The red alert for smog over Beijing continued for the third consecutive day on Wednesday even as millions of cars went off the roads, many schools continued to be shut and reports talked of surging sales of air purifiers.
More than 2 million cars were off the roads, construction activities remained suspended and factories have been ordered shut to cut down on emission.
Questions continued to be raised about the timing of the alert – why was it not put in place during the end of November when the level of smog in Beijing was worse?
There was no answer from the government.
Authorities registered cases against those who violated the emergency regulations; till Tuesday evening, traffic police had registered 3690 cases against those who broke rules.
Beijing is getting tough with those who violate traffic restrictions and production suspension after the first-ever red alert for smog was issued on Monday.
State media came to the defence of the authorities.
“It is unlikely that the smog can be eliminated in the short term, but the red alert placated people that the government has attached utmost importance to it, which is largely considered as a core guarantee to solve problems,” the state-run Global Times newspaper said in an editorial.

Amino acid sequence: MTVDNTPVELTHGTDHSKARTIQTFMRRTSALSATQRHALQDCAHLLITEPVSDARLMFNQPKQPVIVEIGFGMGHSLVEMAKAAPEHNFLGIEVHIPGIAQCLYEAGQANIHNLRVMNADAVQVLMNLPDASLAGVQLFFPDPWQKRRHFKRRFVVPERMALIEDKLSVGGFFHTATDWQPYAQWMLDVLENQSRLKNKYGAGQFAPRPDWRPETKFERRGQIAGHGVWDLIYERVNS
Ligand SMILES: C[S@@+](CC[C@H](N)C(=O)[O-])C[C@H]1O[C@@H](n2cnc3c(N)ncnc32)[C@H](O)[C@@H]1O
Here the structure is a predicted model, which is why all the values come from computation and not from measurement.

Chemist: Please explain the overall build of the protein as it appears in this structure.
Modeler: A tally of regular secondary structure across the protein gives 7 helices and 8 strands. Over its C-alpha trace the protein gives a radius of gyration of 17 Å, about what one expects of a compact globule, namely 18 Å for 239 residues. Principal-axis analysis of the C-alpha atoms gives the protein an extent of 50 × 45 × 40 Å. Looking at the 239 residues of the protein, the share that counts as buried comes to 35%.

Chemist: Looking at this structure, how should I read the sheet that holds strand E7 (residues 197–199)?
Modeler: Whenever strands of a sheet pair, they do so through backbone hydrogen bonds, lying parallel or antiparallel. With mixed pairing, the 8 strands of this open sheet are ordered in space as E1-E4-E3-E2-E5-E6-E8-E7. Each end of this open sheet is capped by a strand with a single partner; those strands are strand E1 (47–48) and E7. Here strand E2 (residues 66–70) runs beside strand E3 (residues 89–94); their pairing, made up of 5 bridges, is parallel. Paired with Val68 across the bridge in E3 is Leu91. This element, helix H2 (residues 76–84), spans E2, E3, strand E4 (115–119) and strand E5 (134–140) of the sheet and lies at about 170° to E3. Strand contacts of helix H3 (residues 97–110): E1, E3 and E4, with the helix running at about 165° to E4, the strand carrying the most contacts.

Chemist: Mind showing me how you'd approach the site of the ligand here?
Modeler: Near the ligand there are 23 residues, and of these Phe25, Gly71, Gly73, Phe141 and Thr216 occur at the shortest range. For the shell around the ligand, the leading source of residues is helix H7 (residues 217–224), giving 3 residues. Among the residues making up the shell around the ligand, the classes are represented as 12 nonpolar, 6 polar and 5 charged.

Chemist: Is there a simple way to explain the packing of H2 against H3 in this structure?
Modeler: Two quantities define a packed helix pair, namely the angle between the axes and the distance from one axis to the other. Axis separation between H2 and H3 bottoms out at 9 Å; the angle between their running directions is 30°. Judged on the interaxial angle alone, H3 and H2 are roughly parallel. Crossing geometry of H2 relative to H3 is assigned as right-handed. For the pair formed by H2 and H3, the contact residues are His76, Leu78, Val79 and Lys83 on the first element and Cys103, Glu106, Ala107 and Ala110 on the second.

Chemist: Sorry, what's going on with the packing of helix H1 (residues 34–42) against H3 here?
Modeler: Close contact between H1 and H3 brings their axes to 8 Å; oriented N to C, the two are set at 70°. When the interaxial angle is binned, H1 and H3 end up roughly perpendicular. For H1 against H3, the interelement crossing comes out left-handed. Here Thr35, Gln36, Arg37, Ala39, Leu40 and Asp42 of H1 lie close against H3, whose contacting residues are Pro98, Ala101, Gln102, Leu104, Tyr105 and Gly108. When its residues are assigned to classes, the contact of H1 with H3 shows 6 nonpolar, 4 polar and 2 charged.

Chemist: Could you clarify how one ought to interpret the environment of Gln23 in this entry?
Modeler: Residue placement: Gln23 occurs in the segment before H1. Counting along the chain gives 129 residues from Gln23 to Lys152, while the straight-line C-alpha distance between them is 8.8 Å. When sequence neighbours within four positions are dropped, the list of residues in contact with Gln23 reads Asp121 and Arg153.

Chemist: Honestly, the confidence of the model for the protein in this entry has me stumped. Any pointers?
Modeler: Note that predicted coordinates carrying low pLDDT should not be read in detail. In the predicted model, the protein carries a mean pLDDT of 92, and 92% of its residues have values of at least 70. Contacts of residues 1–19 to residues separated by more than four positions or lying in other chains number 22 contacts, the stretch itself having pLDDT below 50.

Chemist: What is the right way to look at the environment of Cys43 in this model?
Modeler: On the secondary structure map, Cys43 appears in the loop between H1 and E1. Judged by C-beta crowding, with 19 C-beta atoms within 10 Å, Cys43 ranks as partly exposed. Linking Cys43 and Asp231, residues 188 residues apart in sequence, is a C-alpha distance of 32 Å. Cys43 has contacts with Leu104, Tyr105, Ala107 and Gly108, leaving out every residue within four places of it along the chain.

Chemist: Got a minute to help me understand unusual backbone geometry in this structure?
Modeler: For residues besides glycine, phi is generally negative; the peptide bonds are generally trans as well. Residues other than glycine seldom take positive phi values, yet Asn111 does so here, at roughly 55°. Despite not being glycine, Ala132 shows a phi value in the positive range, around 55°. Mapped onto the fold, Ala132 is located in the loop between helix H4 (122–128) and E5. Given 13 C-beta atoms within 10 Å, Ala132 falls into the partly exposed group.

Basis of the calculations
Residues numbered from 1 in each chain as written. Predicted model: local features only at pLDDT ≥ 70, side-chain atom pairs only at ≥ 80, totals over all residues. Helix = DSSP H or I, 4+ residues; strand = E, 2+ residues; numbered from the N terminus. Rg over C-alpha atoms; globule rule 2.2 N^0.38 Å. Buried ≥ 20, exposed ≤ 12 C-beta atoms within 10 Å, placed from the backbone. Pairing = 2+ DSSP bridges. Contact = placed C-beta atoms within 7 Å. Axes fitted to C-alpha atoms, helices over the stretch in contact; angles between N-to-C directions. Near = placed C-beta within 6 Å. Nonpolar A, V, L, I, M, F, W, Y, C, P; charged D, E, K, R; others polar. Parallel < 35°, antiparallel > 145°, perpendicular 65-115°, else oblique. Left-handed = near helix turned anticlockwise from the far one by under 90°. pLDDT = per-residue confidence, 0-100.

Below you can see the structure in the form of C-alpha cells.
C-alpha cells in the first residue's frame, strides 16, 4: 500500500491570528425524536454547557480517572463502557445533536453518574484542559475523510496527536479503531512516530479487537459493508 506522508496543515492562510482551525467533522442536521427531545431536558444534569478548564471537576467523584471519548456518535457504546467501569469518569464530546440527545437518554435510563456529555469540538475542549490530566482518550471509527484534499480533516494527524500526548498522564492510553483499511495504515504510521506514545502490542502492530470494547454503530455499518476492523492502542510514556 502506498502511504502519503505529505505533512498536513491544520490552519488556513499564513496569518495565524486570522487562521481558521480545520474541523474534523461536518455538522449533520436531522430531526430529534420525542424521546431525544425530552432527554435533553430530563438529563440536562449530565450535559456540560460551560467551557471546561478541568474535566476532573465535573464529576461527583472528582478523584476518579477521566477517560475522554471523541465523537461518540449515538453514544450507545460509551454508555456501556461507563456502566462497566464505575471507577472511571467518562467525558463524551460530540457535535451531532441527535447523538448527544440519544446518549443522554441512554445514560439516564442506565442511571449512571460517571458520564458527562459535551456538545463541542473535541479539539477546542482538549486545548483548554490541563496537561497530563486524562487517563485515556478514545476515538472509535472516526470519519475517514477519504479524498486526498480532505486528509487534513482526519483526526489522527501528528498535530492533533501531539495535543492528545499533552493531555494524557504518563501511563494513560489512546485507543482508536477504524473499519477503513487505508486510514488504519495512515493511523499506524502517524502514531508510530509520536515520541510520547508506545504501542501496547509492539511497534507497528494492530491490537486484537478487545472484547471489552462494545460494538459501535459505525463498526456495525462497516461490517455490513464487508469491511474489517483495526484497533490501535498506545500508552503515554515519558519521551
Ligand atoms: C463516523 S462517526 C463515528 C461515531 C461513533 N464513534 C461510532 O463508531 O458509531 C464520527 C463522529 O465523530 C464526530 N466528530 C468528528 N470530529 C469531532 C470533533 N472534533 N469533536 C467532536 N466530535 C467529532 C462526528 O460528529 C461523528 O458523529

It was not immediately clear whether the people have been actually been placated by the government’s step.
But one thing is certain – many will not take a chance in the future and were buying up air purifiers.
A shop owner at Taobao, China’s largest online retail store, told the official news agency Xinhua that his shop has sold all imported air purifiers in stock. “We normally sell 20 to 30 purifiers a month but we have sold over 80 just this week. I have sold out of all my stock, but customers can place orders and we will deliver within two weeks.”
It has been forecast that the smog will gradually clear from over Beijing from Thursday afternoon. And that the lessons learnt from and measures taken to tackle the two recent bursts of heavy pollution will come into play later this winter.
“Though Beijing has seen two episodes of very high AQI levels in the last two weeks, the overall trend in air pollution levels is positive.
The average PM2.5 concentration across China in 2015 saw a 12 percent drop comparing with 2014, and Greenpeace expects that the introduction of further measures to combat pollution and cut coal consumption will keep this trend into next year,” Dong Liansai, Greenpeace east Asia climate and energy campaigner told HT.
Dong added: “The Beijing city government has already worked to shut down three out of four local coal fired power plants, with the fourth due to be shut down early next year. Moreover, a regional coal consumption cap has been introduced for the cities and provinces in Eastern China including Beijing and Hebei. Yet there still are provinces that do not have that cap, and might be a potential threat on curbing air pollution, if the coal industries expand in such places.”